Phillips Farevaag Smallenberg (PSF) design was recommended for Lansdowne Park after a winning the design competition held back in 2010 beating out Michael Van Valkenburgh Associates, SWA, West 8 and Williams, Asselin, Ackaoui & Associates. Phillips Farevaag Smallenberg have continued on with the design process over the last two years have been working as part of the team of other design professionals and City of Ottawa to integrate the new park design with other elements of the project. The ‘new Lansdowne’ project includes – a large new park(Lansdowne Park), a re-designed stadium and Civic Centre, and a village of boutique shops and stores, services and residences – into a single plan.
The project is to revitalize historic Lansdowne Park through refurbishment of its stadium and arena, creation of a large, intricately designed new urban park and development of a lively residential-commercial village with strong connections to adjacent neighbourhoods in the Glebe and Old Ottawa South.
Lansdowne Park has a cultural history in national politics, professional sports, agriculture and commercial exhibition. Lansdowne’s buildings over time have fallen into disrepair or been demolished and now the site is visually dominated by its parking lots with room for 2,000 cars. The redevelopment of Lansdowne is intended to change that, turning this public property into a lively, pedestrian-oriented urban village and destination for events large and small.
Phillips Farevaag Smallenberg design competition vision statement gives the vision back in 2010
Lansdowne Park has held a complex relationship to the city of Ottawa. Its grand scale and civic focus has given it regional and national status, marked by sporadic and intense exhibition and sporting events. Its cultural and ceremonial importance is reinforced by physical linkages to Parliament Hill, Dow’s Lake, the Central Experimental Farm and other major institutional sites via the Rideau Canal and the NCC Parkway. It functions simultaneously as a much loved neighbourhood park accommodating everyday recreational program for nearby residents. Currently, these functions occur in an uncoordinated and disconnected fashion, involving separate areas of the park.
Lansdowne Park is at a pivotal point in its evolution. When it was functioning as a more integrated site, hosting events of national prestige and showcasing the best of Canadian skill and ingenuity, the park had a much more significant civic and national identity. The fragmentation and dissolution of the site keeps undermining that embedded value. The plan proposed by OSEG needs to be sensitively and imaginatively integrated within the overall park scheme to avoid dissipating the Park’s already lagging identity and expression as both grand civic destination and intimate neighbourhood amenity. The parkland component needs to maximize its visibility, identity and connectivity in multiple ways. Otherwise it will be perceived as leftover, inaccessible space incidental to a commercial development. Win Place Show reinstates Lansdowne Park as a single, rich, multilayered node in the mental map of the city and the region. It makes it more accessible, more visible and more diversified.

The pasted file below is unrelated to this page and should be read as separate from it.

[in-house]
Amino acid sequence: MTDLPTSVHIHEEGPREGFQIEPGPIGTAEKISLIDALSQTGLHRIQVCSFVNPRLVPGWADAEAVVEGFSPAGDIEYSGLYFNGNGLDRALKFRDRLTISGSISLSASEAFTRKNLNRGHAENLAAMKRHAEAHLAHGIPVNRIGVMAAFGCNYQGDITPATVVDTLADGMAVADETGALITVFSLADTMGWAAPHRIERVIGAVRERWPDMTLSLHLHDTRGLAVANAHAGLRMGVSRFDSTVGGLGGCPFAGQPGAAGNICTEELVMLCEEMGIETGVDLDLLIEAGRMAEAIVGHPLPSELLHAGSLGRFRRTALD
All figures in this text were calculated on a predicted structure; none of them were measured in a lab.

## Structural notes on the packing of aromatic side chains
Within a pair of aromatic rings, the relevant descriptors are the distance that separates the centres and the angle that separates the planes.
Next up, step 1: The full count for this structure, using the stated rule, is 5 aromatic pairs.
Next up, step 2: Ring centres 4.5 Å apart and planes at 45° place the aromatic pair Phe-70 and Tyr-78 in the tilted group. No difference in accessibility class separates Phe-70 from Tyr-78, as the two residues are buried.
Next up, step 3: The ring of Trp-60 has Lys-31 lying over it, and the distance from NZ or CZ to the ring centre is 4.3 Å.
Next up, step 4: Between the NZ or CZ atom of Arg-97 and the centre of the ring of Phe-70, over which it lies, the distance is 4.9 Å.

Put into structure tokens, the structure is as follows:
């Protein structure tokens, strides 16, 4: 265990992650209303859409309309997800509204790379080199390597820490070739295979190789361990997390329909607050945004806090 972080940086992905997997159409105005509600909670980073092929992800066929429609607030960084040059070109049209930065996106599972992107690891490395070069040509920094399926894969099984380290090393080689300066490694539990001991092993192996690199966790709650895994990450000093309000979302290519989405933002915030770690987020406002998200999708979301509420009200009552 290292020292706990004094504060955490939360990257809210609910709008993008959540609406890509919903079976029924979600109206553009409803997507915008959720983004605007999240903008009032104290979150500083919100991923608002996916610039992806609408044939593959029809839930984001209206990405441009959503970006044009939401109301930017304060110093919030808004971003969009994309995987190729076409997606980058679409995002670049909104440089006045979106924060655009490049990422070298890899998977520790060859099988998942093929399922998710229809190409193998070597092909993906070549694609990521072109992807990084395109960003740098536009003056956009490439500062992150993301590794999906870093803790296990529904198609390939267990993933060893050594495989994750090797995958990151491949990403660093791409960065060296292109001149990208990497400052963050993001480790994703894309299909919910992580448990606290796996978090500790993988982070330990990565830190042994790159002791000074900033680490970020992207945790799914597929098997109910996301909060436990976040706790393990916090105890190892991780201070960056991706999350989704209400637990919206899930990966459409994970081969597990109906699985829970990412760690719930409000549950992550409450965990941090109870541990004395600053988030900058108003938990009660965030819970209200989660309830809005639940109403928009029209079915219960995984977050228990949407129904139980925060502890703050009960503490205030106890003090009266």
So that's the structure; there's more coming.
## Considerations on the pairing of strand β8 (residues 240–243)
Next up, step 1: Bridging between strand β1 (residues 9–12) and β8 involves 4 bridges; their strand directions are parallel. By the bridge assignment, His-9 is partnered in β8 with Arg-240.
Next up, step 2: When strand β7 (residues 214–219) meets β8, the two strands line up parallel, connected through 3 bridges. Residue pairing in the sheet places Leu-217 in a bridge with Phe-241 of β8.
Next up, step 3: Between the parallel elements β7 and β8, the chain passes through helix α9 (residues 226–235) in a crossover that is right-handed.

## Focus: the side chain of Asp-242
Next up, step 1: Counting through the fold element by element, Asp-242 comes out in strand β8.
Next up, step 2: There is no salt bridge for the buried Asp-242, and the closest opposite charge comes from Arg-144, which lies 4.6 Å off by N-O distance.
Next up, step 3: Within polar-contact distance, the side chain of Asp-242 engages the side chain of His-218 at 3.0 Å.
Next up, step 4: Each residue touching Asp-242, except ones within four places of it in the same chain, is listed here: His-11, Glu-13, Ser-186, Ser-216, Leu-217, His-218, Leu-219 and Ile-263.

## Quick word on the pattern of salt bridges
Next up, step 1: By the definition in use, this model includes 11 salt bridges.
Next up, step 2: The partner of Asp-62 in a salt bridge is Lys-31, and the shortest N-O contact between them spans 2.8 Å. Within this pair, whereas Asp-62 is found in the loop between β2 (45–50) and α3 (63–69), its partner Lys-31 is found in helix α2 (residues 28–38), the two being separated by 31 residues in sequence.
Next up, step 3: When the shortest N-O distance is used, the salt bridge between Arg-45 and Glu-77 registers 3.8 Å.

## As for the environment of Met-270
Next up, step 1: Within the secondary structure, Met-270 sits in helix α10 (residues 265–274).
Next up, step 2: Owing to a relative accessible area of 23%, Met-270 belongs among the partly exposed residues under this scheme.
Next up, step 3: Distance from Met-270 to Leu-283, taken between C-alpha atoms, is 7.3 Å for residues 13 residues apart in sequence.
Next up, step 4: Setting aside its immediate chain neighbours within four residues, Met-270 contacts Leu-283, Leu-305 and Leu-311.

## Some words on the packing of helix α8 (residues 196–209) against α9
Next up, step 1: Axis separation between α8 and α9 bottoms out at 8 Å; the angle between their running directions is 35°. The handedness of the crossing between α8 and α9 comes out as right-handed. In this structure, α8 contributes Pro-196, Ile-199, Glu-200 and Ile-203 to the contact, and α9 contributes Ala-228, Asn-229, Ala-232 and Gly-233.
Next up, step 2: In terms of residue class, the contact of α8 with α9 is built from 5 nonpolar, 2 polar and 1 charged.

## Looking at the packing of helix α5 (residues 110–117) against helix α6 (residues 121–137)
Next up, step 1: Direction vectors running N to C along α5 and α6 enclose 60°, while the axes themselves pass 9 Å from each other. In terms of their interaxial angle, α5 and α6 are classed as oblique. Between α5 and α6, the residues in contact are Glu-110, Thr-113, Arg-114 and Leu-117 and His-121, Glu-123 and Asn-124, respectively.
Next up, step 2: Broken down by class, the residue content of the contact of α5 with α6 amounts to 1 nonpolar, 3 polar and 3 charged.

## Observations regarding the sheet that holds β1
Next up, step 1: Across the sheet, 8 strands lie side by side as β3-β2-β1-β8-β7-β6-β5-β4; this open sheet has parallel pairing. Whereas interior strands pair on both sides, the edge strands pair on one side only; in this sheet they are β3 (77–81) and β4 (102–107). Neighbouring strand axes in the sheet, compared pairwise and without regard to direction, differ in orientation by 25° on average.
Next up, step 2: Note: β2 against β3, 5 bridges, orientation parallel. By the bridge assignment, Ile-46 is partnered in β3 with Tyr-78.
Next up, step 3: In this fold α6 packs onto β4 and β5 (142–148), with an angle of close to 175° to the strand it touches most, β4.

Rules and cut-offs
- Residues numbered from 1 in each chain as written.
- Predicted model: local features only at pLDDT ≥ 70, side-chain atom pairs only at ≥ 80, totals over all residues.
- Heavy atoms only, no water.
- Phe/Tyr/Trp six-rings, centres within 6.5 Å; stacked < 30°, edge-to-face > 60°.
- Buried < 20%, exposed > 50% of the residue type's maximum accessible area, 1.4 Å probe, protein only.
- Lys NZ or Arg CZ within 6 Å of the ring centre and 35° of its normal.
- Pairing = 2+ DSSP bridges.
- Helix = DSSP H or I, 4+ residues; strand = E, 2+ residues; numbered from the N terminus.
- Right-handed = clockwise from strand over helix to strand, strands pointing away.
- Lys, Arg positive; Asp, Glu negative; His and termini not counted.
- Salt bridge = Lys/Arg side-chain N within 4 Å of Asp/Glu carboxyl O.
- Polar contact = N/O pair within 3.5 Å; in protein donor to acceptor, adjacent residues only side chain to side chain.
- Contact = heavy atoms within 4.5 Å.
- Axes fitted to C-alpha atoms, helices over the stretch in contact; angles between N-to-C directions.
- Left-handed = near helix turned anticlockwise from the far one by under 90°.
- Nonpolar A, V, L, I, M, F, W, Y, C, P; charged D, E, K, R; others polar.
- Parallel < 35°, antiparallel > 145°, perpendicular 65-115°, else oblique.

As is evident from the master plans (above) there have been design changes since the design competition 2010 over the last two years under the guidance of the Lansdowne Design Review Panel and the City of Ottawa. Gone is the bridge and strong axis joining the river to the Aberdeen Pavillion, but many other elements remain including the Great Lawn, the water plaza, the children’s garden and several pavillions.
Construction of the urban park is set for January 2014.
Following are some illustrations and facts about Lansdowne as it is today, and as it would be after the proposed redevelopment:
|Asphalt||26.8 acres (Lansdowne’s total property is 38.6 acres)||1.8 acres (accessible pathways through greenspace for pedestrians and cyclists, ramps and access lanes)|
|Park Space||6 acres (including the stadium playing field)||18.5 acres (including public plazas)|
|Event Spaces||Four (Aberdeen Pavilion, Civic Centre, stadium, Farmers’ Market)||20(Bank Street Esplanade, Aberdeen Way, Lansdowne Way, residential courts, retail courts, the Event Square, Aberdeen Square (Farmers’ Market), the East Court, the Skating Court, the Great Porch, the Great Lawn, the Water Plaza and Beacon, Civic Demonstration Gardens, the Children’s Play Space, the Hill and Screen, the South Berms, the Stadium Plaza, the Stadium Field, Aberdeen Pavilion, Civic Centre)|
|Bicycle parking spaces||32||450 (1,970 on major event days when two bicycle corrals would be used)|
|Sidewalks and Pathways||35 metres (approximate)||7.2 kilometres|
|Bench seating for the public||20 benches||One kilometre of benches and seating walls|
|Public Art||Three pieces (Thomas Ahearn Memorial Drinking Fountain; Memorial to the founding in Ottawa in 1914 of the Princess Patricia’s Canadian Light Infantry Division; and the “Cows Fly Home” piece at the western entrance of the Aberdeen Pavilion)||Five pieces (including two new major art installations: The Beacon and The Screen, plus retention of the three existing historic pieces)|
IMAGES: Courtesy of City of Ottawa
Other Consultants involved include Cannon Design (design for the redeveloped stadium and Civic Centre), Perkins Eastman (commercial and residential village next to Bank Street) Julian Smith (heritage conservation of the Horticulture Building).